Zeppelin Mail

Zeppelins carried a great deal of mail, mostly because zeppelin first flight covers and other philatelic covers were prized by stamp collectors and the postal revenue from these items financed much of the cost of operating the zeppelins.

Hindenburg CoversZeppelins were the fastest way to send mail across the ocean in their day, and so some commercial mail also exists, especially on the South Atlantic route.  LZ-127’s service to South America cut mail time from weeks to days and was especially popular among businessmen.

Hindenburg’s 2-1/2 day service was the fastest way to send mail between Europe and North America in 1936, when ocean liners took five days or more to cross the Atlantic.  Hindenburg’s irregular schedule made the service unappealing for most business uses, but no faster way to send mail existed until May, 1939, when Pan American Airways inaugurated airmail service across the North Atlantic in Boeing 314 Clipper flying boats.

Zeppelins did have mail competition across the South Atlantic beginning in 1934, when the German airline Deutsche Luft Hansa began a multi-leg airmail service between Europe and South America which crossed the Atlantic at its narrowest point, between Gambia in Africa and Natal in Brazil, offering a coordinated mail service between zeppelins and airplanes.

Graf Zeppelin Covers

Graf Zeppelin carried a great deal of mail, including first flight covers and other philatelic covers desired by stamp collectors (who provided much of the...

Hindenburg Covers

Hindenburg transported large amounts of mail and valuable freight in addition to providing passenger service.  Hindenburg’s maiden flight to North America included 1059 kg of...

LZ-130 Graf Zeppelin II Covers

First flight covers and other postal history of the LZ-130 Graf Zeppelin II.  Graf Zeppelin II conducted spying missions and propaganda flights, but never carried...

Akron / Macon Covers

First flight covers and other postal history of the U.S. Navy airships USS Akron and USS Macon. I welcome comments and emails, but please note...

Recent Zeppelin Mail Forgeries

Information about new zeppelin mail forgeries was presented at the American Philatelic Society Stamp Show in Pittsburgh, Pennsylvania on August 8, 2009. In a presentation...

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Lee Goodman
Lee Goodman

Hello, I recently discovered amongst my father’s stamp collection a stamped, hand-cancelled, photo postcard (not a cover) of the Hindenburg sent on it’s maiden voyage by Karl Fickes to my grandfather (an executive of General Tire in Akron). As Goodyear no longer has a museum, do you know of a… Read more »

Chung Ling
Chung Ling

Hi, Zeppelin covers from British Borneo (Sarawak and Brunei; 1934, 1935) are scarce. I will be grateful if one can point me to catalogues where these items are depicted. thanks. chun

okbigguy
okbigguy

What was the rate for a card in 1936 Germany to US. I have a card with 65pf but think this may be incorrect.

Thanks,

john Wray
john Wray

I sold my collection od Zeppelin envelopes and accidently included something the resembled all of the other red, round postmarks saying Sudamerika etc. Except, this one seemed to be Hermann Siegels’ personal postmark. It had his name on it and I don’t think I want to know its value because… Read more »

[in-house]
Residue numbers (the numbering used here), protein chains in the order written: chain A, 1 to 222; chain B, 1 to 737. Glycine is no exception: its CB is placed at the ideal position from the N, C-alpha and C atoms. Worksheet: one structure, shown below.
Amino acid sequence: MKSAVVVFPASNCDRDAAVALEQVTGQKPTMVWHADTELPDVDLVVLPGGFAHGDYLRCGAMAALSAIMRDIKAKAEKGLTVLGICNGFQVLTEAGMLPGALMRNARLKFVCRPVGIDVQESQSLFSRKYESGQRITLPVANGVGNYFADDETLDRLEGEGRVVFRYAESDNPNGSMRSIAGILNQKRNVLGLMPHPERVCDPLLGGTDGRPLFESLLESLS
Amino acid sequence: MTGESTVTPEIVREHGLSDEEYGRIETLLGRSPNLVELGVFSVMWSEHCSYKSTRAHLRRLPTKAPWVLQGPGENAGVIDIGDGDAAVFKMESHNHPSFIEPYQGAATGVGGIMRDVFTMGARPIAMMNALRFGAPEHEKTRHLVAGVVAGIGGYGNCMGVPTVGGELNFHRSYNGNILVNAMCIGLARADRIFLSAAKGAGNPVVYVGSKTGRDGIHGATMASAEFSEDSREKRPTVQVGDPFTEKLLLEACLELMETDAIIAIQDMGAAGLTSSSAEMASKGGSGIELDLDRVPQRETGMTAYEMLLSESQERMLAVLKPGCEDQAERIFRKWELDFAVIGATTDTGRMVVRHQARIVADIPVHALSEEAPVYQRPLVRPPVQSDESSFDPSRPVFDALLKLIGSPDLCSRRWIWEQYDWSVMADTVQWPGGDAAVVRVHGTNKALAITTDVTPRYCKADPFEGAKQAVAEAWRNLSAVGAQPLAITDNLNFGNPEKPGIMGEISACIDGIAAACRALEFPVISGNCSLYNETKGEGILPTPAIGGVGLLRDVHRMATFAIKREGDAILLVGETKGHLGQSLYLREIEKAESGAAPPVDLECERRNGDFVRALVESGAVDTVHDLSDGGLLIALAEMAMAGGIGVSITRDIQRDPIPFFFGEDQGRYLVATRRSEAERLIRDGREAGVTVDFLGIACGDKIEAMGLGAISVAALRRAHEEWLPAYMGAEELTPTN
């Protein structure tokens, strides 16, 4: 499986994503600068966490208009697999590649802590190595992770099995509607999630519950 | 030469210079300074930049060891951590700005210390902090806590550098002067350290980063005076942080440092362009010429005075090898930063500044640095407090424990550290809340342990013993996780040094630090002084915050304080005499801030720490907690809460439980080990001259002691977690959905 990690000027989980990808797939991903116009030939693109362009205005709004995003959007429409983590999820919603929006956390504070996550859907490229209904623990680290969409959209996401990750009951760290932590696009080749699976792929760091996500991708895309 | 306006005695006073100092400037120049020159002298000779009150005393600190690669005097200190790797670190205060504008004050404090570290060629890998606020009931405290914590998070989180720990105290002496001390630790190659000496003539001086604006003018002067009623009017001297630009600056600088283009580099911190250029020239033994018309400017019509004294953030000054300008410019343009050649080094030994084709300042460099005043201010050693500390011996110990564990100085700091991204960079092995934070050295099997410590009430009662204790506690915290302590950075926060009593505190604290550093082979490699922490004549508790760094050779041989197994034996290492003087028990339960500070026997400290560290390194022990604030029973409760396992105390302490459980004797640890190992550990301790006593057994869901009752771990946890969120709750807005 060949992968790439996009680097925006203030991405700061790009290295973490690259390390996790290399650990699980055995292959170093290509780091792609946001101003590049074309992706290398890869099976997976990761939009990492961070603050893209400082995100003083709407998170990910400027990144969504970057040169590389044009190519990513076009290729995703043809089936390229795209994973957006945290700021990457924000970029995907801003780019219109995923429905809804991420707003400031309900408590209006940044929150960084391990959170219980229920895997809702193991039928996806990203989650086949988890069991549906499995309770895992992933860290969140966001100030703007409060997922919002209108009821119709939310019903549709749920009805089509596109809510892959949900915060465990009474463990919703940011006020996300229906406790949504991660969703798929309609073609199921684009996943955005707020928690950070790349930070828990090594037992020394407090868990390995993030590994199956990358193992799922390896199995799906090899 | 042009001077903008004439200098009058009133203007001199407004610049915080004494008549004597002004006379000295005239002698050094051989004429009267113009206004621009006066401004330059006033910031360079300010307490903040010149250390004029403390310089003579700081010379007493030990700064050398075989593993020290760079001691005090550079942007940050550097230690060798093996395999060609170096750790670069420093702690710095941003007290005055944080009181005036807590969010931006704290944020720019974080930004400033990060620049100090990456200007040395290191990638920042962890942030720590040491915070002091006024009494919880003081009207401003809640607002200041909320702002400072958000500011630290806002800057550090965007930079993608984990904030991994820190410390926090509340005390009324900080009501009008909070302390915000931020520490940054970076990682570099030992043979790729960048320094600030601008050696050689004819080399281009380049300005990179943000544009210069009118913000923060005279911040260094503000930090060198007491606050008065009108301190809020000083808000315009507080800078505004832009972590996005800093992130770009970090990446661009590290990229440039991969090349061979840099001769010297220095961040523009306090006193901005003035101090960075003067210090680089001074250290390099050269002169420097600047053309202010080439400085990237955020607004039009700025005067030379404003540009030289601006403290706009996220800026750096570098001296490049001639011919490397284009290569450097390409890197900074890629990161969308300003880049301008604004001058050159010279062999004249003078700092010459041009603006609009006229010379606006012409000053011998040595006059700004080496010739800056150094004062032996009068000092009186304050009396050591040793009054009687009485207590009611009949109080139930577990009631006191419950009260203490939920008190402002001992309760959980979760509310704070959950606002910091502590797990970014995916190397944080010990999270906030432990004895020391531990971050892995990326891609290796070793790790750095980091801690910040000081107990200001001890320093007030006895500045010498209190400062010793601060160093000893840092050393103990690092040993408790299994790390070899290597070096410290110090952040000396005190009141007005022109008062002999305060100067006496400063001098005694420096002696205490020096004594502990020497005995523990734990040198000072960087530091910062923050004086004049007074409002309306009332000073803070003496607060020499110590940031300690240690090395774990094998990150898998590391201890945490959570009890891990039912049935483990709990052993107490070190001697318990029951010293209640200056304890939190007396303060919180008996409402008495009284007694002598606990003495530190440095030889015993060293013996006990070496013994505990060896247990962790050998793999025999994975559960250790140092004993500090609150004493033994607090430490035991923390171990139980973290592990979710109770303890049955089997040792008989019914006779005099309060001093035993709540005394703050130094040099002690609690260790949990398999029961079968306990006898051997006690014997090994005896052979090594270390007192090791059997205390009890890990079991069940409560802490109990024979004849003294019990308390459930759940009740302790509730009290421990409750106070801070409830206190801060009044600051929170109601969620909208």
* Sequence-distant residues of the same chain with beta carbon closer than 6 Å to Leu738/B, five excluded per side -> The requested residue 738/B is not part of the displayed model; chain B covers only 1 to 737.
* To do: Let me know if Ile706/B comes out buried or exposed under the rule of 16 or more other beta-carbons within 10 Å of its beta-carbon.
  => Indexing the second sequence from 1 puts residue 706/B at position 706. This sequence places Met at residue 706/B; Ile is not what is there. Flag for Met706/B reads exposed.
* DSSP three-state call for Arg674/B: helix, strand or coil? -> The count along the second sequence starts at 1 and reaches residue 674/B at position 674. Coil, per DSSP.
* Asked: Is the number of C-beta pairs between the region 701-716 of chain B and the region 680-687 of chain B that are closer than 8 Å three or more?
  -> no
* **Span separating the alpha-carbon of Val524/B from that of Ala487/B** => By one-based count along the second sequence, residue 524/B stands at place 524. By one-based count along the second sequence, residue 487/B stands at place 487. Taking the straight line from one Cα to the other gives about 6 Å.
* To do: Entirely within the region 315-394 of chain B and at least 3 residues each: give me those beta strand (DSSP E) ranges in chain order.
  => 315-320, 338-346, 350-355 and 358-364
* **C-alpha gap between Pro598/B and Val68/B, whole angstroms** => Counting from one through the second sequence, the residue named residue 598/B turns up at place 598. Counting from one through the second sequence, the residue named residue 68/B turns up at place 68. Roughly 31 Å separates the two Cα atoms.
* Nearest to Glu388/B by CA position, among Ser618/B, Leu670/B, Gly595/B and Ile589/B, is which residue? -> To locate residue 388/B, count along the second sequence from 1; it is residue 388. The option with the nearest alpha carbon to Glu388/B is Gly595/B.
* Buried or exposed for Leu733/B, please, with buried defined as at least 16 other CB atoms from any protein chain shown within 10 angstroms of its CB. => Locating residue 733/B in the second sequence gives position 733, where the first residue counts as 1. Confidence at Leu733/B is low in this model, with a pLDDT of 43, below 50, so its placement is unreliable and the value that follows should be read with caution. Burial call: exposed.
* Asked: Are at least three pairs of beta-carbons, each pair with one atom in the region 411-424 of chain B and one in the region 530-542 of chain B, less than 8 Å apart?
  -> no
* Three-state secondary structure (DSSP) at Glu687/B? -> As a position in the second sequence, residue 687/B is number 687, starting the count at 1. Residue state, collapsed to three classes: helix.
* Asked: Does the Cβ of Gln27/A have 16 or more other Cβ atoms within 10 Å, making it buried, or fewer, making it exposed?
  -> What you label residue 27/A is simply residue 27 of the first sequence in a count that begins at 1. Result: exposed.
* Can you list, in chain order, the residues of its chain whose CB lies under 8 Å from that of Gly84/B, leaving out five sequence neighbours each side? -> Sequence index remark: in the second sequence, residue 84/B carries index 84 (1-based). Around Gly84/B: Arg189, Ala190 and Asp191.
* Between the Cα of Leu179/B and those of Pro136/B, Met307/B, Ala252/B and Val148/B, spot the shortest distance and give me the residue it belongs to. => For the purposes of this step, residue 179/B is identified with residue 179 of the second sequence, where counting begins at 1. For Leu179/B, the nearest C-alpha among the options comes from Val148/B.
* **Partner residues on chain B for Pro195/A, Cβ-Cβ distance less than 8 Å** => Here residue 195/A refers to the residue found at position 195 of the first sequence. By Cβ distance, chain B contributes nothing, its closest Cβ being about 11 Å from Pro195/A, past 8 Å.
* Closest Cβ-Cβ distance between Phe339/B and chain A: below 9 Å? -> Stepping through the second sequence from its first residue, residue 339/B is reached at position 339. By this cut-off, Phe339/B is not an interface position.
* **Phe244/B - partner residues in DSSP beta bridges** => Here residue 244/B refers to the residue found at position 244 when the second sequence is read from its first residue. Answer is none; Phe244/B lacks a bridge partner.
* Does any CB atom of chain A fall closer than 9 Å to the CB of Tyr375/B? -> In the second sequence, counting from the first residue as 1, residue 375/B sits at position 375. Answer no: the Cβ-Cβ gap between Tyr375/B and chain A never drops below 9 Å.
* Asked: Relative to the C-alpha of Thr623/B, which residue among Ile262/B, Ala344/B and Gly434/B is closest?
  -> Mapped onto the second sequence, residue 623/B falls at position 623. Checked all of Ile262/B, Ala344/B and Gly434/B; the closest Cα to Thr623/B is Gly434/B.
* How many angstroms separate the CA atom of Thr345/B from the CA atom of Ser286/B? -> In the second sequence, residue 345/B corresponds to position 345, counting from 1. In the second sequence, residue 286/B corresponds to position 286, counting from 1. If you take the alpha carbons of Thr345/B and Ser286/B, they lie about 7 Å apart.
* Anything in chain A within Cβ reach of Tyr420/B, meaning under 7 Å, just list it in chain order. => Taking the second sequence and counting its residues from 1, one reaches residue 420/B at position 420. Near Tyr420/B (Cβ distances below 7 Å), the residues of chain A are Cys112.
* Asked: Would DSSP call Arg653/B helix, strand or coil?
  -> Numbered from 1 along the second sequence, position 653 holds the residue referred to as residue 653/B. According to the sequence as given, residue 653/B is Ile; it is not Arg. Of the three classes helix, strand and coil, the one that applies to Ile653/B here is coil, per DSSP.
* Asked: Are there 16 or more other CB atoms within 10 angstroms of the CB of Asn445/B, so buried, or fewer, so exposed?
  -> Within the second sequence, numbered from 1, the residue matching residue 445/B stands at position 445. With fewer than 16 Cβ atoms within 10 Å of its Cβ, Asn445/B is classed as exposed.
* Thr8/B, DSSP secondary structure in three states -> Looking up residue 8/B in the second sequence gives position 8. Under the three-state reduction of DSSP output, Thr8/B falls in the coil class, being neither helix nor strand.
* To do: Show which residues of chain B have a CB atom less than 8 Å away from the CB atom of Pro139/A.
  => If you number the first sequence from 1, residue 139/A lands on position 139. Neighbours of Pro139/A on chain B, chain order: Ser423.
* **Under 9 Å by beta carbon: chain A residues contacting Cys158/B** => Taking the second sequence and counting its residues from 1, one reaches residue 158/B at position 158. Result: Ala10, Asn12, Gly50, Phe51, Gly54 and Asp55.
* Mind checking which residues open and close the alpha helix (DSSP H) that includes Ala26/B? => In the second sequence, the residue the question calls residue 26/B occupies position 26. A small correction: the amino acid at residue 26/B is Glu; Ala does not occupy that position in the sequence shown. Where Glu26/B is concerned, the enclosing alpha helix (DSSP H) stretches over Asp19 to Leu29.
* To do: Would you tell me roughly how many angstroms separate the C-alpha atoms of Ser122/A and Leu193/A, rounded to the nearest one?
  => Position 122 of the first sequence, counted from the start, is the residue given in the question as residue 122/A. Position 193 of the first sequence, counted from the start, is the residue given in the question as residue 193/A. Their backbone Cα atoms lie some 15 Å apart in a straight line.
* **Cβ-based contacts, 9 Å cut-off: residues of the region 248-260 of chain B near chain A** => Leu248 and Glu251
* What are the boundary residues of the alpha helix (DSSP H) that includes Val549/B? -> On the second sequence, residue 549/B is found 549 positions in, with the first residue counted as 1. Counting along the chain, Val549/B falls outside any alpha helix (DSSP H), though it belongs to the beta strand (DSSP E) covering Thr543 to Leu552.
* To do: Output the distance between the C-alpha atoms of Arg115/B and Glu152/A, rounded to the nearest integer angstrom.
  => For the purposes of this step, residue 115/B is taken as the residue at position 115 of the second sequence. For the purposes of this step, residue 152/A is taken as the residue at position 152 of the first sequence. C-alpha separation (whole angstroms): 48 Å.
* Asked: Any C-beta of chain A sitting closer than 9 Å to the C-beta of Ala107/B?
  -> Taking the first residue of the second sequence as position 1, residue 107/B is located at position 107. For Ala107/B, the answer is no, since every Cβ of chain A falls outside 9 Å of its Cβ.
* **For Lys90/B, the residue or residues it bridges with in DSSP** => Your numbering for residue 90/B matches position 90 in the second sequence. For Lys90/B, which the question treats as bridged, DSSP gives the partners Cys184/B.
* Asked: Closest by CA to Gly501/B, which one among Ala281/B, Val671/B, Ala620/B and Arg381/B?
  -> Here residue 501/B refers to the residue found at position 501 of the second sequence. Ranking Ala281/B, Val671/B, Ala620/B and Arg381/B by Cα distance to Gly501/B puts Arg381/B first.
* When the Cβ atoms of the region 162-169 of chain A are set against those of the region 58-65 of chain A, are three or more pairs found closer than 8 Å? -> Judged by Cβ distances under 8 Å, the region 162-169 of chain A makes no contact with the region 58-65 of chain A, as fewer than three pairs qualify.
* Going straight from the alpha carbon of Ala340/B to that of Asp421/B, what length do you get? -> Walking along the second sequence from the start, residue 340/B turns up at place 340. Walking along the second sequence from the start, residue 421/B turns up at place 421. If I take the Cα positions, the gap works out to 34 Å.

john rollando

Have a German stamp dated 13.2.1930. Most of the franking shows… “Amerikanische-……….. Within the circular franking are “Bremen- New York”. Doubt its a Zepplin, but what is it then…plane? V. doubtful. Possibly ship? Not had any luck yet on the web, but I’m not used to this sort of search,… Read more »

Roger Stanley-Smith
Roger Stanley-Smith

Full transcript probably reads “Deutsche-Amerikanishe Seepost – Bremen-New York”. If it’s a double circle most probably the Bremen or Columbus (Europa not commissioned at that date), if single circle could be any of the other NDL or Hapag steamers serving the North Atlantic route.

David Mielke
David Mielke

How does one obtain information on particular flights. I am interested in tracing a route and information about how many passengers, the amount of mail carried on each leg, etc.

william m goldberg
william m goldberg

My wife has a post card showing the Rauchsalon(sitting area) on the LZ 129 Hindenberg with two stamps one of which is the 50D with a picture of the Hindenberg on it.It was sent from the Hindenberg to her aunt and it is post marked LUFTSCIFF HINDENBERG,25.6.1936 .The post card… Read more »

Dewey
Dewey

The latest English version of a Michel Zepplin catalog I can find is a 2003 copy. Has a newer edition been published and could you recommend a source?

Thanks!

Member APS

William Bartusek
William Bartusek

I cannot find any information as to the postal rates for Zeppelin mail from the U.S. Why were there 65c, $1.30, $2.65 and 50c stamps? What rates did these pay?

Richard
Richard

This is a hard topic to research, but as best I found out the 65c was for a postcard and $1.30 on one segment of the total flight, and $2.60 carried a letter all the way. $3.90 (and aren’t we lucky they didn’t issue another stamp for that?) would cover… Read more »

Scott Williams
Scott Williams

I have a zeppelin cover posted from Addis Abeba, Ethiopia. Did a zeppelin land in Addis? I can find no confirming info about this. Thanks.

Dan (Airships.net)

Mail was often dispatched from places not served by zeppelins; the mail was sent by traditional means to a zeppelin departure point (such as Frankfurt), from which it was dispatched across the Atlantic by zeppelin and then continued its journey to the final destination by traditional means if necessary.